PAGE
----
In February 2015, the U.S. Department of Labor (“DOL”) issued its final rule changing the definition of “spouse” under the Family Medical Leave Act (“FMLA”). The DOL redefined “spouse” to include all legal same-sex marriages, regardless of the state in which the spouses live. The new definition takes effect on March 27, 2015.
The Change Only Affects South Carolina Employers Subject to the FMLA
The revised definition expands coverage to include employees in same-sex marriages who are eligible for FMLA and who work for employers covered by the FMLA. Covered employers must employ 50 or more employees within a 75 mile radius at the time the employee requests FMLA leave. A covered employee must have been employed at least 12 months and have worked at least 1250 hours in the 12-month period prior to requesting leave.
What Do South Carolina Employers Need to Know About Implementing the Change?
Previously, the FMLA defined marriages by whether the “state of residence” recognized the marriage. That meant that same-sex spouses who lived in states that did not recognize same-sex marriage were not protected under the FMLA, regardless of whether they were lawfully married elsewhere.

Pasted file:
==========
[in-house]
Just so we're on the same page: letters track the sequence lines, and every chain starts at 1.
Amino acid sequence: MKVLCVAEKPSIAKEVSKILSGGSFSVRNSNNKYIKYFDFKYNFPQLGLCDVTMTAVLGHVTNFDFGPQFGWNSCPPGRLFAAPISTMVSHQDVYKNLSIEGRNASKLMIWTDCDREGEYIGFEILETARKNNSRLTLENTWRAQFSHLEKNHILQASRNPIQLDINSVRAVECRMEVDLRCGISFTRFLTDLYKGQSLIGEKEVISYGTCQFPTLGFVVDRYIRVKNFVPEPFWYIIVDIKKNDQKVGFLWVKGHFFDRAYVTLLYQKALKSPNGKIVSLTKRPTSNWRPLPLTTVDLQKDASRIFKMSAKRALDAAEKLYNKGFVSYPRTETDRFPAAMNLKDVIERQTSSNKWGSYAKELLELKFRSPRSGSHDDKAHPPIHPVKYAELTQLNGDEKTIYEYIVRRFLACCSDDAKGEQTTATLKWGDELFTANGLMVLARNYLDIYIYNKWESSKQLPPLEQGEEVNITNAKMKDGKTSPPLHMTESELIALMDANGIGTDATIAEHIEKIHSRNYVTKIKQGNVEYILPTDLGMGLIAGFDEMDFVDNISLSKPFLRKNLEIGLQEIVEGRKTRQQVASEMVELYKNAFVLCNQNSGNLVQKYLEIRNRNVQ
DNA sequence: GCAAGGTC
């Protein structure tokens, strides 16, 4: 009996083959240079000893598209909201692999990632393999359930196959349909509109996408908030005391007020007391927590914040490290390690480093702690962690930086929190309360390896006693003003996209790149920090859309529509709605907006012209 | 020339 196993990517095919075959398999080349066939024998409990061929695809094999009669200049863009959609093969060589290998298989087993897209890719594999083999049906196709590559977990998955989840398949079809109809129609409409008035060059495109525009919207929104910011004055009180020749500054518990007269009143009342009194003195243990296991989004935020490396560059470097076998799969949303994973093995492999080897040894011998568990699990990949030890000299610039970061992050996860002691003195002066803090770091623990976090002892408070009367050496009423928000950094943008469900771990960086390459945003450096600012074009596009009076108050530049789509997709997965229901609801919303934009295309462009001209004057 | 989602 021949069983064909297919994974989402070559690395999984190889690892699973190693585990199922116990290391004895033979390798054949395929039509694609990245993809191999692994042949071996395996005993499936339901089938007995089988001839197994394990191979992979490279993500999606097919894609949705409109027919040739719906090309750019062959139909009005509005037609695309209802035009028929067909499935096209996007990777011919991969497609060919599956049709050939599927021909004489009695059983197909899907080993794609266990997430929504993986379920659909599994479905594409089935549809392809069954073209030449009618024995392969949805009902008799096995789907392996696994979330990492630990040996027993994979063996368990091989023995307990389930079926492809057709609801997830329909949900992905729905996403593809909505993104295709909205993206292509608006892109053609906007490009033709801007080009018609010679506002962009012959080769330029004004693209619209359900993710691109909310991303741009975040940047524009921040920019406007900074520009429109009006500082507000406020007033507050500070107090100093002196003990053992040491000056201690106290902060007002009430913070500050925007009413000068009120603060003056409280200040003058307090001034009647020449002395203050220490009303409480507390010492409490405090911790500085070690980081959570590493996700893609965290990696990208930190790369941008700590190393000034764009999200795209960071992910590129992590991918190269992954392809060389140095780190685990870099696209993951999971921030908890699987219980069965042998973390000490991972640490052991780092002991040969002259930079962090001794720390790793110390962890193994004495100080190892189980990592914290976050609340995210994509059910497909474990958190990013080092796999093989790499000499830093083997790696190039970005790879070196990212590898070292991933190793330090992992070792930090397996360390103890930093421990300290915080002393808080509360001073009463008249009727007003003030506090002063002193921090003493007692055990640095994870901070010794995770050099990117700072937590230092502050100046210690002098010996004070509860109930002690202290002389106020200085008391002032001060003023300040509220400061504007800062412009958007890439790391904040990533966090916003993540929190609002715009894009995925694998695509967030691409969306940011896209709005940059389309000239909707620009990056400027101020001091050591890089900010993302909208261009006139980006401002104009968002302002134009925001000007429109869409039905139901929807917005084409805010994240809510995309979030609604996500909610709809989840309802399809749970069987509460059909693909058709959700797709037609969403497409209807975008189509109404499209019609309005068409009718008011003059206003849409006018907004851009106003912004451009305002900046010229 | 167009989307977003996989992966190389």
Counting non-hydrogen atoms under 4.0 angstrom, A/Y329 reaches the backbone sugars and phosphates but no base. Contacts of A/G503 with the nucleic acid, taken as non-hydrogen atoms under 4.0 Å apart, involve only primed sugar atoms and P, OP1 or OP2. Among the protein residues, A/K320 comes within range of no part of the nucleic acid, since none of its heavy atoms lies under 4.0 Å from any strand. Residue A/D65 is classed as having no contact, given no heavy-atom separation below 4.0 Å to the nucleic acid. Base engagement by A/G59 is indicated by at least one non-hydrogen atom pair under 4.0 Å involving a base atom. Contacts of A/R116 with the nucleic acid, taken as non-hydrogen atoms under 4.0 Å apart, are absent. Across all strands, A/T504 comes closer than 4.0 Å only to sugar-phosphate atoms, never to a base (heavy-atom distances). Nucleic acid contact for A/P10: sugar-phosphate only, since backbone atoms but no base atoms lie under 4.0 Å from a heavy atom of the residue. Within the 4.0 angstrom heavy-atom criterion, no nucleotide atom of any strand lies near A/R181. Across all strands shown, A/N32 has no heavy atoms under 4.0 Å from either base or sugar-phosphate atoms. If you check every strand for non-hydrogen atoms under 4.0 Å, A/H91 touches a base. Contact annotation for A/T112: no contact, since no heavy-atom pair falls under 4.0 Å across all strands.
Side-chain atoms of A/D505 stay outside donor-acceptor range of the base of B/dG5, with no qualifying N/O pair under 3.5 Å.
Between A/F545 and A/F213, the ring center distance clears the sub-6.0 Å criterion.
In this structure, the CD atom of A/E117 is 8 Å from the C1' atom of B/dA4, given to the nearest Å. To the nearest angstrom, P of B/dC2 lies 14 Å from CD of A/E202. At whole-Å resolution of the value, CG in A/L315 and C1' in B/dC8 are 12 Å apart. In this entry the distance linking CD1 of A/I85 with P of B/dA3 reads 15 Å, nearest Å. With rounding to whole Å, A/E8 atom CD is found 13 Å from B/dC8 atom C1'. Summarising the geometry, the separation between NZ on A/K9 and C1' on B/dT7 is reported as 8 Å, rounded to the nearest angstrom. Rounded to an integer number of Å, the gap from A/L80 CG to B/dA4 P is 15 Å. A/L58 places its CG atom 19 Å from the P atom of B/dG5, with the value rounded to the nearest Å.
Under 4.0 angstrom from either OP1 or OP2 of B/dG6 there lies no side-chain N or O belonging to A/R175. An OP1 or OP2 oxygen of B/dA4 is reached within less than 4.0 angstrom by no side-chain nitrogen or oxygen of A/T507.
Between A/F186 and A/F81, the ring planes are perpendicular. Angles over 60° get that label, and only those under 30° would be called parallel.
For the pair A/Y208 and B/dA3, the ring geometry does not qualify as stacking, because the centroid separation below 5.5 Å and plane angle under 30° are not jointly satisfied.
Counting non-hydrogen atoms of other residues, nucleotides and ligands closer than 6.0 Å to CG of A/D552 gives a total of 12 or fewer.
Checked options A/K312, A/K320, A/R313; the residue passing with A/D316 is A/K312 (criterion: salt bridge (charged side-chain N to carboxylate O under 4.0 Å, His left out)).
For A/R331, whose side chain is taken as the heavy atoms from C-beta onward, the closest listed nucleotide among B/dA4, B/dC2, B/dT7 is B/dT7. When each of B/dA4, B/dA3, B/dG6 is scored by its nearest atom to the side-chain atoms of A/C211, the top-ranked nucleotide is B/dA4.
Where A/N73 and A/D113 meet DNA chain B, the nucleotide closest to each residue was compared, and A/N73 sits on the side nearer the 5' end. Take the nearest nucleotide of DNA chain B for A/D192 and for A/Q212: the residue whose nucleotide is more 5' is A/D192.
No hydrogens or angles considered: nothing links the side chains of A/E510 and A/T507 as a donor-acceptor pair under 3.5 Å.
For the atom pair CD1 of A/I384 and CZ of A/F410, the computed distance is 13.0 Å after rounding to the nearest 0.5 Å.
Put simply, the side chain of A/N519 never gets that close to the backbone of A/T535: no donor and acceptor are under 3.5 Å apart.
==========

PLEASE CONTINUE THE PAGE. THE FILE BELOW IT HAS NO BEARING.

The new definition changes the “state of residence” test to a “place of celebration” test. This new test requires employers to extend FMLA rights to same-sex spouses that were married in a state that recognizes their marriage as legal – regardless of where the couple now lives, or where the employer is located. For example, Massachusetts recognizes same-sex marriages. Therefore, any employee lawfully married in Massachusetts will have FMLA rights to care for his or her spouse, even if the couple now lives in South Carolina, where same-sex marriages are not recognized. The “place of celebration” test also extends to foreign countries so long as the marriage could be validly entered into in at least one state, but not necessarily the state in which the spouses live. Notably, this test also applies to common law marriages involving opposite-sex, or same-sex, couples.
Employers may request proof of marriage from a same-sex couple, in the same manner, they would for opposite sex couples, but may not do so in a way that interferes with the employee’s use of or attempt to use his or her FMLA rights.
What Will Not Change Under the New Definition?
Just as unmarried opposite-sex couples do not have spousal-care rights under the FMLA, unmarried same-sex couples will not have such rights, either. The FMLA also does not consider couples that have entered into “civil unions” to be married.
If you have questions about how these changes will affect your organization, or about your organization’s responsibilities under the FMLA, please contact your South Carolina labor lawyer and employment lawyer, or contact us.